Now facing a Department of Justice lawsuit, the state of Texas has a familiar adversary in its effort to defend a voter ID law that represents the height of expensive political grandstanding. U.S. Attorney General Eric Holder announced last week that he is joining other court challenges to the law, which was struck down as discriminatory by one federal court but then cleared to go under a broader Supreme Court ruling this summer on the Voting Rights Act. This newspaper hopes the new challenges to the ill-conceived law prevail. Reactions from top elected Texas officials to Holder’s lawsuit reek of irony. Lt. Gov. David Dewhurst complained that there is “no end to the tricks the Obama administration will play to undermine Texas.” Actually, it was the GOP-dominated Legislature in 2011 that undermined years of Texas tradition honoring the county-issued voter certificate at the polls. In substituting five different types of government photo IDs, lawmakers used the pretext that they were fighting rampant voter fraud, a lame excuse then and now for passing what federal judges called the strictest voter ID provisions in the nation. Texas Attorney General Greg Abbott decried Holder’s political motivations in siding with Democratic groups, and we aren’t blind to those bedfellows. But neither were we blind to the utter failure by Republicans in the Legislature to prove their contention that long-standing Texas election laws were widely exploited by voter impersonators at the polls.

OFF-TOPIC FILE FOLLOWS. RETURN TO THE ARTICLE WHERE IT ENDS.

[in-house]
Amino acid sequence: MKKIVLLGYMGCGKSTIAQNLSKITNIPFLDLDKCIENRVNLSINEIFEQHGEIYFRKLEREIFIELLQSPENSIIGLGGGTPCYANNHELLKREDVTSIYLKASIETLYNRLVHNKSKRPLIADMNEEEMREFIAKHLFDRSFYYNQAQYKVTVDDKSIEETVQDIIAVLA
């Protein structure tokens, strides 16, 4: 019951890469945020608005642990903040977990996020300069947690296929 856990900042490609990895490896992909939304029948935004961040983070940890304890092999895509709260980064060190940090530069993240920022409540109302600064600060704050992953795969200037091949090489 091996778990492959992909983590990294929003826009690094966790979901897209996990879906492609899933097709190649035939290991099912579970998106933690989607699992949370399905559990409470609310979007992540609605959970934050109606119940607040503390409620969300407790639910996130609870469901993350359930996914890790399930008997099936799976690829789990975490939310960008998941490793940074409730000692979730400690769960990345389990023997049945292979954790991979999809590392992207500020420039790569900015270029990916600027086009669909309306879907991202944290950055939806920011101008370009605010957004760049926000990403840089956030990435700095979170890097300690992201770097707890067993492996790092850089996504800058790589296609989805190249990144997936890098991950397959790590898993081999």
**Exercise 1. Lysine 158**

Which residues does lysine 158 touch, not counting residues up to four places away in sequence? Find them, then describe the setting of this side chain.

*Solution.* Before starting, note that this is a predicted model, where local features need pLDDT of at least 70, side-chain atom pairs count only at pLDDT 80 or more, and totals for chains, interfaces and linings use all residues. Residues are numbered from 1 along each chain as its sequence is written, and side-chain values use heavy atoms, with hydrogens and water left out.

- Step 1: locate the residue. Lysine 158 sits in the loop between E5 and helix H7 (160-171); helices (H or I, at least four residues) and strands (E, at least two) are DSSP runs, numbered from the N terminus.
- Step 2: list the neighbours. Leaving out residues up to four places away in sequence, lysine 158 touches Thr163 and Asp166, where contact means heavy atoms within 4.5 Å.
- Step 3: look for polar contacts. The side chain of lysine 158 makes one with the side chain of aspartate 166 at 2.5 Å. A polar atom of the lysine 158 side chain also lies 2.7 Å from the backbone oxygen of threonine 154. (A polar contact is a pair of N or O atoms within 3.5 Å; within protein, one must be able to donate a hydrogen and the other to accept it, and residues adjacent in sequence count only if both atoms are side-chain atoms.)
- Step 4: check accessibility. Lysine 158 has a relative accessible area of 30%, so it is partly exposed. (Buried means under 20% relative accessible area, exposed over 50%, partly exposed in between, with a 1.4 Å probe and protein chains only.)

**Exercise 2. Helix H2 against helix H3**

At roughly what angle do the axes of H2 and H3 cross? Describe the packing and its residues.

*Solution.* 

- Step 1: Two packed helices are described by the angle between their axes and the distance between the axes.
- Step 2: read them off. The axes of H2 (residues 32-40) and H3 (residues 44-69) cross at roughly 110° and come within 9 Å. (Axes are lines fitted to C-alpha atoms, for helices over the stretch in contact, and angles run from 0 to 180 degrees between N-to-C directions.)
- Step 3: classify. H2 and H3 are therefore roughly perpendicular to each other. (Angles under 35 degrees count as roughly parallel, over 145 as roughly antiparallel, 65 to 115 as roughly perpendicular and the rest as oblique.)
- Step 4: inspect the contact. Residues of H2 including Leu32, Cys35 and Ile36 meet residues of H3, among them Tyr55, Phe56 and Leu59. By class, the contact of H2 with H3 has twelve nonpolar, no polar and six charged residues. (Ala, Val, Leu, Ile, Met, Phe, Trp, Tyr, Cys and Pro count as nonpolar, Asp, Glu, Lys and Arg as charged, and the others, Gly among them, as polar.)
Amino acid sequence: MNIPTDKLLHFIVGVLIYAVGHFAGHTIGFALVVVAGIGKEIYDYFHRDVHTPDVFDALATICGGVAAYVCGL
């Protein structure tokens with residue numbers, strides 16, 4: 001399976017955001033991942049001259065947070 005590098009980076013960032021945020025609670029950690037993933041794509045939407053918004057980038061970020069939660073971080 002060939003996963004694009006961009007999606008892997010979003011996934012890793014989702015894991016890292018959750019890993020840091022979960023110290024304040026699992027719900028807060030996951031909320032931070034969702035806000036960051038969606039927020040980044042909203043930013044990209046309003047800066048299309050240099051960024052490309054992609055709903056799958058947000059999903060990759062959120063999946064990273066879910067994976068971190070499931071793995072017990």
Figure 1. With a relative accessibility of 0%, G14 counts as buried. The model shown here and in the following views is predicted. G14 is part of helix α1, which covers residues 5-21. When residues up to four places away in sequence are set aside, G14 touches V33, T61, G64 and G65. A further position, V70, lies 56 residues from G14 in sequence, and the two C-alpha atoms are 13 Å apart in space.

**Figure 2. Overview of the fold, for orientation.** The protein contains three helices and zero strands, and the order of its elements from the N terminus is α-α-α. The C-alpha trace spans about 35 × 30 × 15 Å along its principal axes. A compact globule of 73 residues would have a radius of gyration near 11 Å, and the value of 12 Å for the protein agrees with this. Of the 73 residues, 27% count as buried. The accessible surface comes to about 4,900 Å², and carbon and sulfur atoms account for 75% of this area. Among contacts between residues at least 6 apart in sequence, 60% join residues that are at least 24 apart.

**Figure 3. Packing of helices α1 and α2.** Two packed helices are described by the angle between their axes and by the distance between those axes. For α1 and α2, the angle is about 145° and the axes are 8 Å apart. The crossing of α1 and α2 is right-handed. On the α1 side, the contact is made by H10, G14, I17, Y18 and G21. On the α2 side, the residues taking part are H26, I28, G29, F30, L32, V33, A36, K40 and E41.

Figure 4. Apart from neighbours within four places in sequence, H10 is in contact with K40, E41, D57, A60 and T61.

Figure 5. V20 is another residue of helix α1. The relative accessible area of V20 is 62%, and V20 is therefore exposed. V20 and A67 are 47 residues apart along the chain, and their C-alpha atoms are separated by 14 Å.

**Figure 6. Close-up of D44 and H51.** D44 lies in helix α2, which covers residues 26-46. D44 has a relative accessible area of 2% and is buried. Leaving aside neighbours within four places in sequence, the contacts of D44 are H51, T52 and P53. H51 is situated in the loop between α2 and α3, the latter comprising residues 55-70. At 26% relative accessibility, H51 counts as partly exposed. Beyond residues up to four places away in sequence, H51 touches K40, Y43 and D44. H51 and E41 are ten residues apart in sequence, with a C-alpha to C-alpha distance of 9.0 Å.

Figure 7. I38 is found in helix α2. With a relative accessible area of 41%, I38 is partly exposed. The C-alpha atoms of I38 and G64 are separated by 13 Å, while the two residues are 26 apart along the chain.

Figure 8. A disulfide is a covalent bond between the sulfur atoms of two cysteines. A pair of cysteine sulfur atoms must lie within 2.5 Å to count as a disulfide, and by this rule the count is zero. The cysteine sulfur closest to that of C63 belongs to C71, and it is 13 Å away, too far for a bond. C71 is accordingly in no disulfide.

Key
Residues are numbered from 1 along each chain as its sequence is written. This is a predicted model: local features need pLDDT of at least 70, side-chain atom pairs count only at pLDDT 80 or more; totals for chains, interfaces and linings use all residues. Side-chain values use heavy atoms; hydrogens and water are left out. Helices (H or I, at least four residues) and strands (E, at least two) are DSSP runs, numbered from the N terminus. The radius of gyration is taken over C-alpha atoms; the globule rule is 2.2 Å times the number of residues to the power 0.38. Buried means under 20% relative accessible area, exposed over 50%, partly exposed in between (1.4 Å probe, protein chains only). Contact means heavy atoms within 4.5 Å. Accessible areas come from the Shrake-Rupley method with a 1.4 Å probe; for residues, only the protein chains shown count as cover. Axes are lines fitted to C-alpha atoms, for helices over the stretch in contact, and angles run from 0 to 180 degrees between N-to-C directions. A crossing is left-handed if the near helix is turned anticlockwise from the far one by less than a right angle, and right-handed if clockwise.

Striving to defend the need for the voter ID law, Abbott’s broadside at Holder mentioned a Brownsville woman recently arrested for allegedly casting five votes in one election. He didn’t mention that her scheme, according to the FBI, involved absentee ballots, not a voter ID conspiracy to trick poll workers and cast fraudulent ballots on Election Day.
Republican lawmakers all but proclaimed a crisis to justify support for the law, which has turned into a growth industry for special-interest and government lawyers, including counsel representing Dallas County. A U.S. District Court judge in Corpus Christi will sort through the thicket of claims.
The backdrop of the case includes a unanimous finding from a three-judge panel in Washington, D.C., last year that the Texas voter ID law places “strict, unforgiving burdens on the poor,” who are more likely to be racial minorities.
The D.C. panel ruled that Texas went beyond reasonable safeguards used in other states and ignored options that would have improved access and limited the costs involved in obtaining an approved ID.
In the meantime, the new photo ID provisions have already been applied this month in early-voting balloting in assorted local elections across Texas. No cataclysms have been reported, nor would we expect any in low-turnout balloting. Then again, there wasn’t a problem to begin with.